introduction to psychology
Psychology

Psychology: A Brief Introduction

Psychology is derived from the Greek terms- “Psyche” meaning soul and “logo” meaning knowledge. Though psyche originally means soul what we are focused in Psychology is about the mind’s processes and human behaviour. So, we relate psychology here as the study of human mind and behaviours.

What is Psychology?

Psychology can be said as the rationalising counterpart of philosophy. It is a science and is heavily focused on empirical results on mental processes- a data-driven subject.  Many experimental studies started since 17th century which focused on visible physical results like actions and behaviours. But understanding internal cognitive abilities were neglected for a long time until the 20th century.

Though Psychology has deep-roots from the ideas of Philosophy, it is very much inspired by biology as well. A large part of psychology deals with neurological studies of the brain to understand the neural processes.

Quantitative studies were majorly practised in earlier centuries but with the dawn of the 20th century, more elaborative studies on individuals were undertaken.

Definition of Psychology according to APA

According to the American Psychological Association (APA), “Psychology is the study of the mind and behaviour. The discipline embraces all aspects of the human experience- from the functions of the brain to the actions of nations, from child development to care for the aged. In every conceivable setting from scientific research centres to mental health care services, the understanding of behaviour is the enterprise of psychologists.”

The psychology researches are focused on 2 kinds of approaches-

  1. Nomothetic approach- focuses on generalizing the theories and studies
  2. Idiographic approach- focuses on individual studies to form qualitative theories

Psychology theories since the ages have developed and evolved from only studying behaviours- entirely disinterest in cognitive activities to studying complex mental processes like thinking, problem-solving and their associated actions and behaviours.

Schools of Psychology

Various schools of psychology started forming since the 18th century which is worth mentioning as they paved the way for the richness of knowledge and experiments that psychology possesses today.  Few of the most relevant ones that reformed the empirical nature of psychology are-

Structuralism

It is the study of the structure of human mind. The founders of the structuralism were Wilhelm Wundt and Edward Titchener. Wilhelm Wundt also introduced conducting experiments on the theories of structuralism. Though the experiments conducted back then were not as advanced as now- nonetheless those experiments credited Wundt as the Father of Experimental Psychology.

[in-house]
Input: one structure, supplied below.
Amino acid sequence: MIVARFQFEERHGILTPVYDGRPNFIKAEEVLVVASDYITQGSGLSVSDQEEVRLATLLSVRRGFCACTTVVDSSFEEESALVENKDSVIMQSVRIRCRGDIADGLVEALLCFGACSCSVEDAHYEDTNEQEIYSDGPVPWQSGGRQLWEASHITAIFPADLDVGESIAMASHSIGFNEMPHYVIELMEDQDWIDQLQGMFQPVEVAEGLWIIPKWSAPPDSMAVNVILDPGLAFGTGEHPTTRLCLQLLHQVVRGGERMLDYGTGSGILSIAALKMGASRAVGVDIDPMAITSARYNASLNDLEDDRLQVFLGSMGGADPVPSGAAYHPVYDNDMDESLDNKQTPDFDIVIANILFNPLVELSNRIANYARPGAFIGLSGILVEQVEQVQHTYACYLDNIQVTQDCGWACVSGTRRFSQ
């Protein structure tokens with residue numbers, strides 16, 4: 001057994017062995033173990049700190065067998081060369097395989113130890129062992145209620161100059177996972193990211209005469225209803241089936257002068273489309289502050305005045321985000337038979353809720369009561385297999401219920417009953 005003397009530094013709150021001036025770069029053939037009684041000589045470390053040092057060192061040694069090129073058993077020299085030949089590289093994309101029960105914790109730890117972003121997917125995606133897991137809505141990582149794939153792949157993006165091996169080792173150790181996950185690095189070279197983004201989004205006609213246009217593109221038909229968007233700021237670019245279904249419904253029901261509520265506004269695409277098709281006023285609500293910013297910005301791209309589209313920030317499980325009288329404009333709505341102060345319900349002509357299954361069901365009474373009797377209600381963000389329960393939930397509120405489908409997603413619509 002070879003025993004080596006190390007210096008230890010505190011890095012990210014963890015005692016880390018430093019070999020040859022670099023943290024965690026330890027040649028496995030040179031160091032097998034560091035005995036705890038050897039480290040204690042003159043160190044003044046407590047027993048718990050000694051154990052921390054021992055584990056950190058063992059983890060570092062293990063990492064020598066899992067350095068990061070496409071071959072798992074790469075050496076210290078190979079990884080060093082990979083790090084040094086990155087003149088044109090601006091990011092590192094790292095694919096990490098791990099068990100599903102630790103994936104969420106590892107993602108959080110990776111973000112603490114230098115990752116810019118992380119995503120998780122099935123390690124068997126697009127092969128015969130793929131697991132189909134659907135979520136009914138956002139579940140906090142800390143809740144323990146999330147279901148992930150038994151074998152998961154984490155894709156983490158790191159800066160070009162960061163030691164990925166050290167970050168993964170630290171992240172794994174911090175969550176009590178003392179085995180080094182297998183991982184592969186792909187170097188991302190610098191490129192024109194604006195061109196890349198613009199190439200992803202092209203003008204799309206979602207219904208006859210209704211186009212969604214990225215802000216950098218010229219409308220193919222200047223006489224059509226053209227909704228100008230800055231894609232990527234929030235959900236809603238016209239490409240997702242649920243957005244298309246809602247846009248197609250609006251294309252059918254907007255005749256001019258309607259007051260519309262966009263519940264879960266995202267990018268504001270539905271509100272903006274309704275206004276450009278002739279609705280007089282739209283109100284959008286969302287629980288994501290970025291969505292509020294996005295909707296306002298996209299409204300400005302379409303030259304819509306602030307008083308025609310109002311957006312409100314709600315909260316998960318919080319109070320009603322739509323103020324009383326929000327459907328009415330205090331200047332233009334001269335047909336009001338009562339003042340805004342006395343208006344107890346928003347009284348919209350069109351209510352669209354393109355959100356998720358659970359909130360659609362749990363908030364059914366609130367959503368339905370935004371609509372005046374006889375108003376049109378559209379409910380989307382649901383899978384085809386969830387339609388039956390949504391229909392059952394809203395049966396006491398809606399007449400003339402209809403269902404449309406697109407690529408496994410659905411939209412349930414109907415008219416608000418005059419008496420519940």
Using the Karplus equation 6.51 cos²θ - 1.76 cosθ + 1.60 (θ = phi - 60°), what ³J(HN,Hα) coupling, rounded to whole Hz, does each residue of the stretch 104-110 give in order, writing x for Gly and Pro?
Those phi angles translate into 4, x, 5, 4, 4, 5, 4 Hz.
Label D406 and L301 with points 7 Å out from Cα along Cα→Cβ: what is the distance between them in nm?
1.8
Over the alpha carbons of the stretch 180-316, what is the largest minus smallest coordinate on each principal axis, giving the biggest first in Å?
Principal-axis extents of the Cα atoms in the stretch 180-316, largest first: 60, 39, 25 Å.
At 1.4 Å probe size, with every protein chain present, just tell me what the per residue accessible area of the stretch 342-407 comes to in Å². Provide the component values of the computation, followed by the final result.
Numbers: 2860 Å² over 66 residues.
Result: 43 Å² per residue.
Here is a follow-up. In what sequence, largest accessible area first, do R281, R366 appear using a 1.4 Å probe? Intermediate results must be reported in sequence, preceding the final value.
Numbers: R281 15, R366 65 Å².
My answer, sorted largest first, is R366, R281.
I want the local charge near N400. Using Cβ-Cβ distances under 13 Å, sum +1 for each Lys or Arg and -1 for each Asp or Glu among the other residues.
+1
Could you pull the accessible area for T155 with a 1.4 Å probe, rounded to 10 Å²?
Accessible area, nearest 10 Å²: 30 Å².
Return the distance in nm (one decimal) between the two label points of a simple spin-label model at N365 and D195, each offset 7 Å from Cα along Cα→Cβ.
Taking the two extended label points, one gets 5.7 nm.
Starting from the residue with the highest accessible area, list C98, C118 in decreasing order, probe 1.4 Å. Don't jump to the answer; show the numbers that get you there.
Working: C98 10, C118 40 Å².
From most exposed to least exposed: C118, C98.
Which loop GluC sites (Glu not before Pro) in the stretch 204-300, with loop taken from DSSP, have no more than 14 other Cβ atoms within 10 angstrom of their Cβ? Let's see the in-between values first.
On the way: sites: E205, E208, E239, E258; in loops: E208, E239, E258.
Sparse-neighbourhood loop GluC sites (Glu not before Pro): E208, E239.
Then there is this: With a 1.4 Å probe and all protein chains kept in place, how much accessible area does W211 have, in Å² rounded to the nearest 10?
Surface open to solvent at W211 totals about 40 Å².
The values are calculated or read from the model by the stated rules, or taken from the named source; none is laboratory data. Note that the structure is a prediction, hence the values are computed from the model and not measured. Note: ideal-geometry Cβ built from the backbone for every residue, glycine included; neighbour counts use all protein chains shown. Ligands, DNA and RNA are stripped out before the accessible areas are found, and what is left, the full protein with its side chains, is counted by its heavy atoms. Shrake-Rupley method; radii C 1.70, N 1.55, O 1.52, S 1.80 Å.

Functionalism

Functionalism studies the functions of mind and behaviour. Its focus is on understanding how the mind functions in a real-world scenario where environmental factors are so wide and varied. John Dewey and William James are the founders.

Gestalt Psychology

Max Wertheimer, Kurt Koffka, Wolfgang Kohler are the founders of Gestalt Psychology which originated in Germany. The German term “Gestalt” means patterns. This school of psychology focuses on the perception through sensory experiences and its corresponding influence in human behaviour. The main aim is to recognize patterns that relates the human behaviour with the external senses.

Behaviourism

During his famous dog salivation and digestion experiment,  Ivan Pavlov observed an accidental-conditioning of his dog due to an external stimulus (food in this case). However the school of psychology- behaviourism was officially founded by John Watson. Later the concept was mastered and improved by BF Skinner with his ground-breaking experiments on behaviourism- the study of human behaviours.

The proponents of Behaviourism did not believe that cognitive processes like thinking, decision-making, problem-solving etc influenced human behaviours and actions. Rather they emphasized on learned behaviour and environmentally-conditioned stimulus as the reason for the actions.

Psychoanalysis

During the late 1800s, Sigmund Freud founded psychoanalysis. It explains that the human actions, behaviours and cognition are a result of their unconscious thoughts, feelings and memories. Traumatic childhood experiences can also cause psychological issues in future.